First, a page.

The tropical forest and its biodiversity are disappearing at an alarming rate

Among other major functions, forests play a vital role in preserving biodiversity on Earth. Yet their deforestation and degradation continue to continue at an alarming rate. Today more than ever, conservation institutions and organizations are calling for action to avoid the irreparable.

To date, forests occupy approximately 31% of the Earth’s surface (4.06 billion hectares) and host the majority of terrestrial biodiversity . It is therefore worrying to read that 420 million hectares of forest have been lost since 1990 due to human activity. Between 2015 and 2020, it is estimated that the deforestation rate amounts to 10 million hectares per year. It is certainly 6 million hectares less than in 1990, but these figures will have to be considerably improved in order to avoid the catastrophe.

Endangered forests and biodiversity

”  The deforestation and forest degradation continue at an alarming rate, which contributes significantly to the current decline in biodiversity  ,” stresses THAT Dongyu , Director General of the United Nations Food and Agriculture ( FAO ). The primary cause of this eradication of forests remains industrial agriculture, mainly dedicated to the production of food for livestock and to the cultivation of soya and palm: between 2000 and 2010, it was responsible for 40% of tropical deforestation. Local agriculture, on the other hand, contributed 33%.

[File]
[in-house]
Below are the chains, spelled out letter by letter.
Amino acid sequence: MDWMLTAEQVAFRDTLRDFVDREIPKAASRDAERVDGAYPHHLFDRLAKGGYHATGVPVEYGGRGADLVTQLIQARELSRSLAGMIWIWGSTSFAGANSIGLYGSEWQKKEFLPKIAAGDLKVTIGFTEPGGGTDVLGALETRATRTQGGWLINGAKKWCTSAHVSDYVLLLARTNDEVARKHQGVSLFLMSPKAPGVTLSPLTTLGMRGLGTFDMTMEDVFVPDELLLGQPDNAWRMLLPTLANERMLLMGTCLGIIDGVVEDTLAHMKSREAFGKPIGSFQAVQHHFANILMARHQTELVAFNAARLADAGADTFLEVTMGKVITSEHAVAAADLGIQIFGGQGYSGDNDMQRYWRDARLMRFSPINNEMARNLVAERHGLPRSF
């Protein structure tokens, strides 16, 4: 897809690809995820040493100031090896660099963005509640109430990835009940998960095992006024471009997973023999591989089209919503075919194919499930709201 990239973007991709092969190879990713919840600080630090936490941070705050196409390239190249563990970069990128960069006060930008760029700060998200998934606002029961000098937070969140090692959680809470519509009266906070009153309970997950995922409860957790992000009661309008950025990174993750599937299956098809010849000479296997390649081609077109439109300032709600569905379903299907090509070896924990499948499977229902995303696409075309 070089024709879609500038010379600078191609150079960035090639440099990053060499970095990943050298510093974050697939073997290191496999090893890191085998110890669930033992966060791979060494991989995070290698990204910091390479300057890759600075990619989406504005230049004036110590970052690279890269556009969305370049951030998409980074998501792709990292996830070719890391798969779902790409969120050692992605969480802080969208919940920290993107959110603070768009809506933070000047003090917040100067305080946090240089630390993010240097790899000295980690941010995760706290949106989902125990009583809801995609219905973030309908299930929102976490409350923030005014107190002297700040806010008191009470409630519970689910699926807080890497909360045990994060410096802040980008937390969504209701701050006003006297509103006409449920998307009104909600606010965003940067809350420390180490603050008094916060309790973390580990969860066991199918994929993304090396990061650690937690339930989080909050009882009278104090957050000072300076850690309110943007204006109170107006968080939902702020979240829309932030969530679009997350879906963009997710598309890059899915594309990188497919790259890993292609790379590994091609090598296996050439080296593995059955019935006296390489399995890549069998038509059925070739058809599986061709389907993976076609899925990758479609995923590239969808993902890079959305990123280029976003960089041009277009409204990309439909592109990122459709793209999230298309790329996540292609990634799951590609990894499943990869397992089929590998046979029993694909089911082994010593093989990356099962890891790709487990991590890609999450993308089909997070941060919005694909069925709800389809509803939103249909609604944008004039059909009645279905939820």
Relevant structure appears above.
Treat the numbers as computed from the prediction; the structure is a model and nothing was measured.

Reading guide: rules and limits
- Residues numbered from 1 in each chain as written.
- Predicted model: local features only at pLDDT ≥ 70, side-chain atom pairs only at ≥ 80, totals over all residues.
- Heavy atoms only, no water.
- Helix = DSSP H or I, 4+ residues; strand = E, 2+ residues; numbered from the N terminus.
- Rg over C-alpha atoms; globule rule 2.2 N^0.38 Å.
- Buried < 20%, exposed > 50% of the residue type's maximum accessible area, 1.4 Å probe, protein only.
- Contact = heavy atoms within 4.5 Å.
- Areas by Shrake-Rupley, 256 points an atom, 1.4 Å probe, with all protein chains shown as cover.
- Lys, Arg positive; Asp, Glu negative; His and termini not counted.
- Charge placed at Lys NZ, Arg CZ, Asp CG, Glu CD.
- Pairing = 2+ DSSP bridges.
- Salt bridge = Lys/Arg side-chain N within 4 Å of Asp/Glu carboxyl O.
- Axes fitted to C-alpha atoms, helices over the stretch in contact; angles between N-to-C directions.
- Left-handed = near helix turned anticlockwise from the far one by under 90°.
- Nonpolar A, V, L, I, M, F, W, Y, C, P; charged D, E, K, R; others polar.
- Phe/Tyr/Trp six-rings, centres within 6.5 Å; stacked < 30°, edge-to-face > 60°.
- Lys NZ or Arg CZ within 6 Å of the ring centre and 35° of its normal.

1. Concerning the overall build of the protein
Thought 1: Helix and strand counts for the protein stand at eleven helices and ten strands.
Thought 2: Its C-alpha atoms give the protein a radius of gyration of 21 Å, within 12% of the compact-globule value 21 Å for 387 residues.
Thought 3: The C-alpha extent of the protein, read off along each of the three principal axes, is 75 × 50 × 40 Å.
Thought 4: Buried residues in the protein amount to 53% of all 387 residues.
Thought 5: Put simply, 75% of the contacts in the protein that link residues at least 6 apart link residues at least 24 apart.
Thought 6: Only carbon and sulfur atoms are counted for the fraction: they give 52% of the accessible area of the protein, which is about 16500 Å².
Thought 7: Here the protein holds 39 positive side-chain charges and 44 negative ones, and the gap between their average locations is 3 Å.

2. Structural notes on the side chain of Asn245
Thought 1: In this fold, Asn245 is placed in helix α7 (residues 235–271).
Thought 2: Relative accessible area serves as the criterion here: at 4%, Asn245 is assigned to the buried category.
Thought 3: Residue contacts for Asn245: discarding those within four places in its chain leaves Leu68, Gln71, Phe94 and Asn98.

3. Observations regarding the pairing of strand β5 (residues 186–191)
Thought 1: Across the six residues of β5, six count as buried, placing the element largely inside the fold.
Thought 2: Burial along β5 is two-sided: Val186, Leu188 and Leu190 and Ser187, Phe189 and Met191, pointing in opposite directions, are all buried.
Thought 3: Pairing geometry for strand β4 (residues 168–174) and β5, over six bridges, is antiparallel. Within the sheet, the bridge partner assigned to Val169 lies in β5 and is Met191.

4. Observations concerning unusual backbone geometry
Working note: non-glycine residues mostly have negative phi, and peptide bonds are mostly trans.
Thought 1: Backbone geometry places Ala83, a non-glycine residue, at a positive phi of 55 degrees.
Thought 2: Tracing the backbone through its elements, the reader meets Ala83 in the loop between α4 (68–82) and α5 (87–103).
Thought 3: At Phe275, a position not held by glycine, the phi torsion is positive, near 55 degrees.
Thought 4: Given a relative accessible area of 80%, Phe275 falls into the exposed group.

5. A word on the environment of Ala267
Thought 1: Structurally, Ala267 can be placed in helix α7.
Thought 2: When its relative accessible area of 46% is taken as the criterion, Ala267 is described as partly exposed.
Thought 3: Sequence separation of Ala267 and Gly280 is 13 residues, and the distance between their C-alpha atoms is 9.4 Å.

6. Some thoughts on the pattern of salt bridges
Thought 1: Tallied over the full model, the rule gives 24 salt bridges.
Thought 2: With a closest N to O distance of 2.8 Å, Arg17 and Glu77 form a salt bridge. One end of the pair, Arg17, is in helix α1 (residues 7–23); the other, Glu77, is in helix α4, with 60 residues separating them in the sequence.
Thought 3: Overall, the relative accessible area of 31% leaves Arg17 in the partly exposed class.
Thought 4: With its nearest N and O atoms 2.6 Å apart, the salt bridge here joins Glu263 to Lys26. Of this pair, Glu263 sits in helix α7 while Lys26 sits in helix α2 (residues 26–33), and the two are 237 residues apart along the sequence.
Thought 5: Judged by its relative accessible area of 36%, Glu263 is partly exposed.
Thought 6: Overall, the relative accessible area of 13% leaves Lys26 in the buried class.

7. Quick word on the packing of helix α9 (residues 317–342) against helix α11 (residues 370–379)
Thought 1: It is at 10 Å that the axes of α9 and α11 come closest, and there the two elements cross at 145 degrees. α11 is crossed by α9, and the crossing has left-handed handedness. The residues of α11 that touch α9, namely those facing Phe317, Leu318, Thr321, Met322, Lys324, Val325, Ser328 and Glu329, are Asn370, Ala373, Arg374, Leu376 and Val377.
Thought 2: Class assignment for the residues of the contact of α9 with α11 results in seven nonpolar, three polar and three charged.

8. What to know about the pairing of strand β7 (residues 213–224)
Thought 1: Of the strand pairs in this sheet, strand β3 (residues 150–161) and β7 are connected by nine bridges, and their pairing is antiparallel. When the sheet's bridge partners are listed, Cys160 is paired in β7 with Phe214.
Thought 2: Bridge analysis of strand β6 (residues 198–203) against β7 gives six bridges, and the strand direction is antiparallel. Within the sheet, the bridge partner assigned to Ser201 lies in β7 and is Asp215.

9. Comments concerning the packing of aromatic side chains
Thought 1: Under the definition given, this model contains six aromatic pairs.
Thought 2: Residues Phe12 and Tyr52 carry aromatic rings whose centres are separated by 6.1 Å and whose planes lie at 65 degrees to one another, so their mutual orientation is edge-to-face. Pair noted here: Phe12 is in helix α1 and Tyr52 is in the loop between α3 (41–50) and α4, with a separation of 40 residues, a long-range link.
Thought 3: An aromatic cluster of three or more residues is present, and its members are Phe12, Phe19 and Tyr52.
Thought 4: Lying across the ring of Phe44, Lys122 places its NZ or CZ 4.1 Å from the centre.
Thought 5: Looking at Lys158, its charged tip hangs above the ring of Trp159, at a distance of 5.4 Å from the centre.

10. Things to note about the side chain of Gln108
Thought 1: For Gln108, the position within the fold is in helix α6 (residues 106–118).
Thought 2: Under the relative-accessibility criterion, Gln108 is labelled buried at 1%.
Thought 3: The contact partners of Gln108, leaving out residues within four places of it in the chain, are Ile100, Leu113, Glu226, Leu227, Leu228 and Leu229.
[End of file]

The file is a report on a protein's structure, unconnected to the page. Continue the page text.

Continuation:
Together, FAO and the United Nations have produced a new report outlining the current state of forests, and supporting the need to act now to protect biodiversity . With each million hectares of forest disappearing, countless plant, animal and fungal species are dying out, while others are forced to evolve in an ever smaller territory, which leads to increased competition. for the survival of species.

Of the 20,334 tree species listed by the International Union for the Conservation of Nature ( IUCN ), 8,056 are threatened, of which 1,400 are close to extinction. Among vascular plants, 21% of the species are threatened. The forests are also home to 80% of amphibian species, 75% of birds, 68% of mammals, and most insects. It is estimated that there are also several million species of fungi, some of which form the forest nervous system, allowing the exchange of signals and nutrients between the trees.

Protection duty

Forests around the world provide oxygen, protection, food, energy, beauty, and many other benefits: 90% of people living in extreme poverty currently depend on forests for survival, while these generate tens of millions of jobs.